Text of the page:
From beneath the ground to the tops of trees, in every color of the rainbow, found on all continents except Antarctica, orchids are among the most diverse plant families, with around 30,000 species. I came to Europe to learn about a handful of these fascinating plants, each with unique characteristics and peculiar quirks that attract the scientists who study them.
Although many orchid researchers live for the field trips that take them to all corners of the earth to find populations, document diversity, or collect specimens, I discovered the importance of lab work in Sanremo, Italy, where I assisted Jacopo Calevo, a graduate student, with in vitro propagation of Mediterranean orchids for the LIFEorchids project.
The goal of LIFEorchids is to propagate nine orchid species for reintroduction of thousands of orchids to two parks in Italy. In addition, the project focuses on restoring orchid habitat and increasing public awareness of land stewardship and orchid conservation.
Though I’d had previous research experiences focusing on orchid ecology, I didn’t know what to expect as I walked into the white-walled lab.
Petri dishes lay on shelves, each holding tiny, delicate, white dots peppered with fuzz, almost like they had hair with a static problem. These are protocorms–the first life stage of an orchid after germination.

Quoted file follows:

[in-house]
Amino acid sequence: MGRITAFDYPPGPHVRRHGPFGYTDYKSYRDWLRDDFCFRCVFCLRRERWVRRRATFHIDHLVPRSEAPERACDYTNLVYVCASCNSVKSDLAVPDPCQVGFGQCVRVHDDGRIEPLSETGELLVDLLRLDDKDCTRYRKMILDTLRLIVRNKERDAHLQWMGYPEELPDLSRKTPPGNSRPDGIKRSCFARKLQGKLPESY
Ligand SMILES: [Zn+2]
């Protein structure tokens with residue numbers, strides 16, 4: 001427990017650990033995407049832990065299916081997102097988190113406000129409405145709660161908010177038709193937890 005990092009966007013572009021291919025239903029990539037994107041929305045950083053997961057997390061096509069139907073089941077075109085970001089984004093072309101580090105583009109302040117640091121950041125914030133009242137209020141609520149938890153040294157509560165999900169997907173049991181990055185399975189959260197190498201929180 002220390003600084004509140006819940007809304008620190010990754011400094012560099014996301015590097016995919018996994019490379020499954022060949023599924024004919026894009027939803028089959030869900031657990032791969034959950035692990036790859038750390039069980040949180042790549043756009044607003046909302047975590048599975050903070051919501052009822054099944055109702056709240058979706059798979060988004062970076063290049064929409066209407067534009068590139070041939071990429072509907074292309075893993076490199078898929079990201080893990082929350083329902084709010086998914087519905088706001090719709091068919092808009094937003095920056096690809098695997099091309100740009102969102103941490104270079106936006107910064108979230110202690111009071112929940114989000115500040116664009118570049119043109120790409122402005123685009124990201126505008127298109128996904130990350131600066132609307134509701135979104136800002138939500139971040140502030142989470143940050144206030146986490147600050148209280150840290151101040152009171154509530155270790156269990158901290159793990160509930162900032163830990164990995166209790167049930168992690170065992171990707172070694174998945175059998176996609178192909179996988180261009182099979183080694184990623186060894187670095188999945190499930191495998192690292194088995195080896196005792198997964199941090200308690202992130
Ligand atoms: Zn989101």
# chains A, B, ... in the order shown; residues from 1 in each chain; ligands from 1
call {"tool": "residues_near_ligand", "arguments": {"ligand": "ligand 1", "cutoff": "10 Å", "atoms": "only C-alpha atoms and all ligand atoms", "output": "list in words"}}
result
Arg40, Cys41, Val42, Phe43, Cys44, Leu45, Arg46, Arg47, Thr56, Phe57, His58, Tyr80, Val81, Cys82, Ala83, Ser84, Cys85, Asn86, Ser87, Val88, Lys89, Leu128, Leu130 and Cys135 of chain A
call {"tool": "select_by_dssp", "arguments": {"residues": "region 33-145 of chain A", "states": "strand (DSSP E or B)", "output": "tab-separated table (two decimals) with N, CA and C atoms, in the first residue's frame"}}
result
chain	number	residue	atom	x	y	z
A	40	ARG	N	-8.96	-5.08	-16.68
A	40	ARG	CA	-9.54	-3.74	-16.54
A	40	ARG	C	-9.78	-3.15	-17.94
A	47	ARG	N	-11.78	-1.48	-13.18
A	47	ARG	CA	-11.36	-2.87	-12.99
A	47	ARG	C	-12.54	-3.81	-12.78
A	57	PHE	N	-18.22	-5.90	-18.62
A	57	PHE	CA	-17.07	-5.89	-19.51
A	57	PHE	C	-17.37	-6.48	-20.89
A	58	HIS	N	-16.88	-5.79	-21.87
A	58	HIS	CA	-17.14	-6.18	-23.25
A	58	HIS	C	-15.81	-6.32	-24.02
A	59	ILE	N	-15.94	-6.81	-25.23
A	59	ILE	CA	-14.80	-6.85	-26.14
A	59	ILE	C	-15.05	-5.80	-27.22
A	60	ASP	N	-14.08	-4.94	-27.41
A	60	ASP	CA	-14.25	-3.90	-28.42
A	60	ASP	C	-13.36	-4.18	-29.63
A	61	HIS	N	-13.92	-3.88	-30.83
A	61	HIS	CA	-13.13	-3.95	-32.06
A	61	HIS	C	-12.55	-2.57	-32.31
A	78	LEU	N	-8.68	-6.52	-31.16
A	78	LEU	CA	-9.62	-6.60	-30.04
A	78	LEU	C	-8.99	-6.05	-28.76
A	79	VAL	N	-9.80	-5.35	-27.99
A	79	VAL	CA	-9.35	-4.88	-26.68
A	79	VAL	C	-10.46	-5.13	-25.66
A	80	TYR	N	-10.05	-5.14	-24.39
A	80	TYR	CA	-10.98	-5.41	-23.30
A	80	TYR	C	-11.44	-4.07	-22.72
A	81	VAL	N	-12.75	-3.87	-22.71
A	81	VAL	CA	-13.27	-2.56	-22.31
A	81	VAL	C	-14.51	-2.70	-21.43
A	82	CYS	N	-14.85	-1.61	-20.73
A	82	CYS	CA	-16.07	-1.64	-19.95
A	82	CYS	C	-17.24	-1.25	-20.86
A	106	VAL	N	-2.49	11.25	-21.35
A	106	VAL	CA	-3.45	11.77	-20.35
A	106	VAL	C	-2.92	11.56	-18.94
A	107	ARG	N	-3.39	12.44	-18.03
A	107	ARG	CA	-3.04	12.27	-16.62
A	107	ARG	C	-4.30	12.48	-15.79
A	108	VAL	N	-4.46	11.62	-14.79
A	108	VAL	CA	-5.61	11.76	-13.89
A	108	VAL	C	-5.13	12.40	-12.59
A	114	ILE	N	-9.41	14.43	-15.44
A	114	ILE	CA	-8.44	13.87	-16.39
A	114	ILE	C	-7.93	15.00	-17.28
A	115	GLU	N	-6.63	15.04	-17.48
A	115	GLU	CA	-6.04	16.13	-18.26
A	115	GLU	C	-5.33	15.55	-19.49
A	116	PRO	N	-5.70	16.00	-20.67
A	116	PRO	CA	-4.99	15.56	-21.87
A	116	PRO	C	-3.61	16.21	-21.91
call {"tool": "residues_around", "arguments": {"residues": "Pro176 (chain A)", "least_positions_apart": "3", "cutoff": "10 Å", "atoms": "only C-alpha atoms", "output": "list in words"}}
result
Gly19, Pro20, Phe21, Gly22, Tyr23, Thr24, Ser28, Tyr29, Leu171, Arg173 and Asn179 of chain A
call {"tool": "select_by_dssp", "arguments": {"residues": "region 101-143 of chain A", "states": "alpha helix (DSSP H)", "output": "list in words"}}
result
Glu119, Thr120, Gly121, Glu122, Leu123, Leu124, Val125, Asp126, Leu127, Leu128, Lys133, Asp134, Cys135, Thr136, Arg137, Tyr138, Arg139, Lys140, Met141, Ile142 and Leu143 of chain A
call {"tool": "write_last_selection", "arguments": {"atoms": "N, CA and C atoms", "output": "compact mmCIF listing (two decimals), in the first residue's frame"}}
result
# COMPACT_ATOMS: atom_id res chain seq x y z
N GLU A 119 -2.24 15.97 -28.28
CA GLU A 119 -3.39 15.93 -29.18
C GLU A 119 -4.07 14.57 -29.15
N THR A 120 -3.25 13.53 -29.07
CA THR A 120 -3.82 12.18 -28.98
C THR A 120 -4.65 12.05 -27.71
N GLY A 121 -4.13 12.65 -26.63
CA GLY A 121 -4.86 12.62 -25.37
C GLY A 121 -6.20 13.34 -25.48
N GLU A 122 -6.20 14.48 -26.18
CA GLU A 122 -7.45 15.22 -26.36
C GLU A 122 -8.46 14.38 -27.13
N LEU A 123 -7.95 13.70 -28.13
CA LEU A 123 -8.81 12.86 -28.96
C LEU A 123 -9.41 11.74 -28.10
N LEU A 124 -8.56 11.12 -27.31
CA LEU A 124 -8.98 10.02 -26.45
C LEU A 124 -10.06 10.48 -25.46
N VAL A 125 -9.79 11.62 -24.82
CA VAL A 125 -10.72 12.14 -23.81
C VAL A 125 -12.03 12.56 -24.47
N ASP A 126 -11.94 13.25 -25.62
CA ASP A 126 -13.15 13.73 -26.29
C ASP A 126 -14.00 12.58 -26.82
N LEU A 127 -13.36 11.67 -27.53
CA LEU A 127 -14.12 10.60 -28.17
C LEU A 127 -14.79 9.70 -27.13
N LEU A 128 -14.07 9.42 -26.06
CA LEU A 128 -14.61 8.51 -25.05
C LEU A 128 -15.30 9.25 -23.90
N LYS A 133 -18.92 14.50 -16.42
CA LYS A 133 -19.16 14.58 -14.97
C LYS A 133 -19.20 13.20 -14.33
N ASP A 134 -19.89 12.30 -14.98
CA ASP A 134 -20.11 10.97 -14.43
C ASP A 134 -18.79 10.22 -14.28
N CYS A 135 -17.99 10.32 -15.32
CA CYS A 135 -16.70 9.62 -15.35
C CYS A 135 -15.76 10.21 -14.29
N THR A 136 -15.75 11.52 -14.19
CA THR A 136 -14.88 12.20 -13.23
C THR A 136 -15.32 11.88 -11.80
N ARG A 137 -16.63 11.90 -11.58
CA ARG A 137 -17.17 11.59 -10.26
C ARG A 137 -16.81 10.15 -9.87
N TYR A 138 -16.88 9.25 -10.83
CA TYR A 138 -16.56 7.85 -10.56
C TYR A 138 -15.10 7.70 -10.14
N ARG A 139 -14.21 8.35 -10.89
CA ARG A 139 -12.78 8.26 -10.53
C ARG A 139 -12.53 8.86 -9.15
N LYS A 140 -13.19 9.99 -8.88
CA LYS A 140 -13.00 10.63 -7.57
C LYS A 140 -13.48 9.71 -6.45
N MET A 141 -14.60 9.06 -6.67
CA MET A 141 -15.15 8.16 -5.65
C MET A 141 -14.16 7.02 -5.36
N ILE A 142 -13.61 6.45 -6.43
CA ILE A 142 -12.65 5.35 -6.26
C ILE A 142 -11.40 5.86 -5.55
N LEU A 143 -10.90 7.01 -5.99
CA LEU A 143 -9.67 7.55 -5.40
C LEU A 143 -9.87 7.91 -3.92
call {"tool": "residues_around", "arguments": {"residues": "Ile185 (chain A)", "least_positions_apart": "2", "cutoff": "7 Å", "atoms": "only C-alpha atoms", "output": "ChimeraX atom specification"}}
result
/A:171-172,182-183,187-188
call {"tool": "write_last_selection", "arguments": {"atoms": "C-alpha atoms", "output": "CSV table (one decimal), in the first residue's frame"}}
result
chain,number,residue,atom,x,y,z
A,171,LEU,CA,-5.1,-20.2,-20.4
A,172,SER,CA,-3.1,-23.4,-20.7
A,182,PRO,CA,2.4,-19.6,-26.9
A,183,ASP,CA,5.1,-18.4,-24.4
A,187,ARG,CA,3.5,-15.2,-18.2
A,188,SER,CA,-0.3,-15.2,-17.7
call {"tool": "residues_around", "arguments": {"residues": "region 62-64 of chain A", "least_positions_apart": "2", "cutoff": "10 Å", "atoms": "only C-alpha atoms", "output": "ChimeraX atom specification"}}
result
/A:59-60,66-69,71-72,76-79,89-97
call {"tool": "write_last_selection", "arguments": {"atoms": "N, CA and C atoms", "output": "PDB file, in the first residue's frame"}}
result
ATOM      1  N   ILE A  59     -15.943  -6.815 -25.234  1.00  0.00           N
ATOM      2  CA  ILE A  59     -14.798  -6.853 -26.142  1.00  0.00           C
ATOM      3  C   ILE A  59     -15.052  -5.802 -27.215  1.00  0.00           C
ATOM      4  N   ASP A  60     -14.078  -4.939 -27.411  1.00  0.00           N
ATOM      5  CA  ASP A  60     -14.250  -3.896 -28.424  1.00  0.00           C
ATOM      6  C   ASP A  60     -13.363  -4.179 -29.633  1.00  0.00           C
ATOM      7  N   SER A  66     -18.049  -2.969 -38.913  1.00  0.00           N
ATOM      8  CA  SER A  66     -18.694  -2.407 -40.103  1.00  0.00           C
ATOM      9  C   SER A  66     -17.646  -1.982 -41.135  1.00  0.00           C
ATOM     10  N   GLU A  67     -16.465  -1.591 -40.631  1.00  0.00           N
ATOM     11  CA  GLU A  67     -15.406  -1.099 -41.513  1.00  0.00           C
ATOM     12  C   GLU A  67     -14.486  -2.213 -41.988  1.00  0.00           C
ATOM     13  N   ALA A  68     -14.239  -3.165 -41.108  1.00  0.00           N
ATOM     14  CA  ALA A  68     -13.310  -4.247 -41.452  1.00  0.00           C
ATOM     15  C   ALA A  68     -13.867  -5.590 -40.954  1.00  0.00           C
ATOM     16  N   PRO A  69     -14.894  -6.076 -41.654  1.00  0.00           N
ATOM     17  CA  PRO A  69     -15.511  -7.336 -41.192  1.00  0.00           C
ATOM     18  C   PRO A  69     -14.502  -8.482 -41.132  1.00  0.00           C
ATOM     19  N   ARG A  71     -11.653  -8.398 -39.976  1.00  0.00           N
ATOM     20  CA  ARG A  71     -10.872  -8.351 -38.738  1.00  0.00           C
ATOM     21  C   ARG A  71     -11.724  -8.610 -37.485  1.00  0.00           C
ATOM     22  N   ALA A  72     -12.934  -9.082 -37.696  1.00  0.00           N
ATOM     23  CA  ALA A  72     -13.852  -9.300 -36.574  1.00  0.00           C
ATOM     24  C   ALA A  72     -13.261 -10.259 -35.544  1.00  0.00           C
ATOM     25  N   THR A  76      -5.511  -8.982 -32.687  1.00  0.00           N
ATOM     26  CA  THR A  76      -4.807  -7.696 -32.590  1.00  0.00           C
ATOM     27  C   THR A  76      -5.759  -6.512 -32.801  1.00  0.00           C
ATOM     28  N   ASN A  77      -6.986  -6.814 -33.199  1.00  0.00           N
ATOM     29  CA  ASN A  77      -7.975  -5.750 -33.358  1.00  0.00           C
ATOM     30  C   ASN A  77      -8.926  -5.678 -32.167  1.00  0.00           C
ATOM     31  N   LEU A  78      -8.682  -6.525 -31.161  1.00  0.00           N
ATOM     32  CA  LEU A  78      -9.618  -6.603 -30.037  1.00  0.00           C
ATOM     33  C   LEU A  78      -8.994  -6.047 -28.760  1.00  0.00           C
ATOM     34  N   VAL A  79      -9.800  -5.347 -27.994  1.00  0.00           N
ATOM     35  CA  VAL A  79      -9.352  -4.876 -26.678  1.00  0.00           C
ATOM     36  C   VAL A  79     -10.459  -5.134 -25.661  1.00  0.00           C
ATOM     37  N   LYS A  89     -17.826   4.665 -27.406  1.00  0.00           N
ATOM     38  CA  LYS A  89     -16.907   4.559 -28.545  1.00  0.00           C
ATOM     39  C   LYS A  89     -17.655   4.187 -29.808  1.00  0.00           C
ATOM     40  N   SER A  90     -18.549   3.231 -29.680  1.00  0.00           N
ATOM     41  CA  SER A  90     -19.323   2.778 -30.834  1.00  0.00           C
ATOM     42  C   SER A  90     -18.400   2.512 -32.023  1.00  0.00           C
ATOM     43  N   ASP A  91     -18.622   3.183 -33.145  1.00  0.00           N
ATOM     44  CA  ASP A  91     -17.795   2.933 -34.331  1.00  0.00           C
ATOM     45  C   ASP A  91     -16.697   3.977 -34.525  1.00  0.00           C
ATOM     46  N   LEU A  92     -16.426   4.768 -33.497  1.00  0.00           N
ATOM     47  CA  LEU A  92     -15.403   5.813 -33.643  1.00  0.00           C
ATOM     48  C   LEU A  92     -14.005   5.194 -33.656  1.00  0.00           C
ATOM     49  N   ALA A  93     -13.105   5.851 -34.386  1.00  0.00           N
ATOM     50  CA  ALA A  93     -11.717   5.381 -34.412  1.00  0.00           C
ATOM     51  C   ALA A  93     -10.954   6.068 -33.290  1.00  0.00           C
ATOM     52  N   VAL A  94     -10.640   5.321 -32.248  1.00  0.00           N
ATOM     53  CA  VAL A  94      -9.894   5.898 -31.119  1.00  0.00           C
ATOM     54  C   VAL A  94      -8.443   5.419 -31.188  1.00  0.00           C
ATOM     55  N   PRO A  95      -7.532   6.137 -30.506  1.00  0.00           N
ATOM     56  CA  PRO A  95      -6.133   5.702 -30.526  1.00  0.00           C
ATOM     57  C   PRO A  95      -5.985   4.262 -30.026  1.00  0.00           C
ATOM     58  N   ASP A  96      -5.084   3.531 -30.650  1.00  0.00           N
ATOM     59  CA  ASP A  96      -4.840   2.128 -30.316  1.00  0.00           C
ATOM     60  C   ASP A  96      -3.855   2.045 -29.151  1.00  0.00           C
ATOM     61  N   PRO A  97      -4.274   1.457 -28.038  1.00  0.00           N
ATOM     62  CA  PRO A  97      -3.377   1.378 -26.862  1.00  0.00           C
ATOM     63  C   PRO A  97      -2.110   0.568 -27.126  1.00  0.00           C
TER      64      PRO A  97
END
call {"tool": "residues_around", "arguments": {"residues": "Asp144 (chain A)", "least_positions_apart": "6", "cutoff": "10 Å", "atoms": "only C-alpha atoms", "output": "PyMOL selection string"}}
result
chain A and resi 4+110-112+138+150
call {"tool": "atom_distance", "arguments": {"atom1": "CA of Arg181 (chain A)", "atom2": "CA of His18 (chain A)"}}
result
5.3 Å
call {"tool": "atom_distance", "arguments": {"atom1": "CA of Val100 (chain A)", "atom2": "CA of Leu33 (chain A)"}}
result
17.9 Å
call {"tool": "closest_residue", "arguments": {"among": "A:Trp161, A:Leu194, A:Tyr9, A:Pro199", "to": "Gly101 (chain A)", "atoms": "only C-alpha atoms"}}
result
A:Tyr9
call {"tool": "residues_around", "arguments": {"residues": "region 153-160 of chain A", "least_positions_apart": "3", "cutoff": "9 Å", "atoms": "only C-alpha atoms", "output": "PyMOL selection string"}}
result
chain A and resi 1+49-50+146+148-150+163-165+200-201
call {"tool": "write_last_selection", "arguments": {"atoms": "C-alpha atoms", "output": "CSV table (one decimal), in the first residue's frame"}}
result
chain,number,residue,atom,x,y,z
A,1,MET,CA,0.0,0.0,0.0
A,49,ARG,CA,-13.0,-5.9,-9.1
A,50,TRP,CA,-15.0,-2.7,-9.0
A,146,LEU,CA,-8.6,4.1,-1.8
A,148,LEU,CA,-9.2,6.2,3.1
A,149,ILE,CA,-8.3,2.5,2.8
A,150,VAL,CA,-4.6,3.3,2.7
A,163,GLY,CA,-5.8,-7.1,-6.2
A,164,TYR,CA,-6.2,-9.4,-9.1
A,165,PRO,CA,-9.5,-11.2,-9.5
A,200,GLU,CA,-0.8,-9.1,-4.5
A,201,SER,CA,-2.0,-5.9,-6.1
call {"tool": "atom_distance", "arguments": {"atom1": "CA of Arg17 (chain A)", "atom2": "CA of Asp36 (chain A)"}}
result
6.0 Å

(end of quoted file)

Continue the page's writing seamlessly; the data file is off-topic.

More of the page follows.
Seeing the potential for conservation these petri dishes held, I began to understand the excitement of orchid propagation.
Working with Jacopo, I made the media, spread the seeds carefully over the black gel, and covered the dishes with tinfoil, tucking them away on a shelf to simulate their time underground. I didn’t get to see these seeds germinate, but I assisted in each life stage of the in vitro process, including hand pollination, assessing seed viability, transferring protocorms into jars and seedlings into new media, and isolating mycorrhizal fungi from root samples.
While we helped dust-like orchid seeds reach their potential in the lab, blossoming orchids sat bathing in the Mediterranean sun, spattered across the mountains just north of Sanremo.
We hiked through the mountains one sunny afternoon to collect root samples from four orchid species. I strolled along the mountains in anticipation, as I didn’t know what we would see–the beginning of the hike didn’t present many orchids.
Soon, we realized we had stumbled across a large patch of what are commonly known as bee orchids. Although small, these orchids use sexual deception to gain control over male bees. Their labellum, a modified petal, mimics the look of a female bee, attracting males for pollination. The male bee leaves the flower sorely disappointed, but with the orchid’s pollinia, a tiny pollen sac that it will deposit on the next orchid it visits.
After oohing and ahhing over the different species and hybrids we found in the meadow, we moved on, meandering our way along the mountain and through a few more orchid patches.
Now in London, I am learning about conservation genetics and will then travel to Estonia to collect leaf samples that will be used for genetic analyses.
Each place I visit holds a different part of the multifaceted world of orchid conservation, which works to protect these fascinating plants that are scattered across the globe.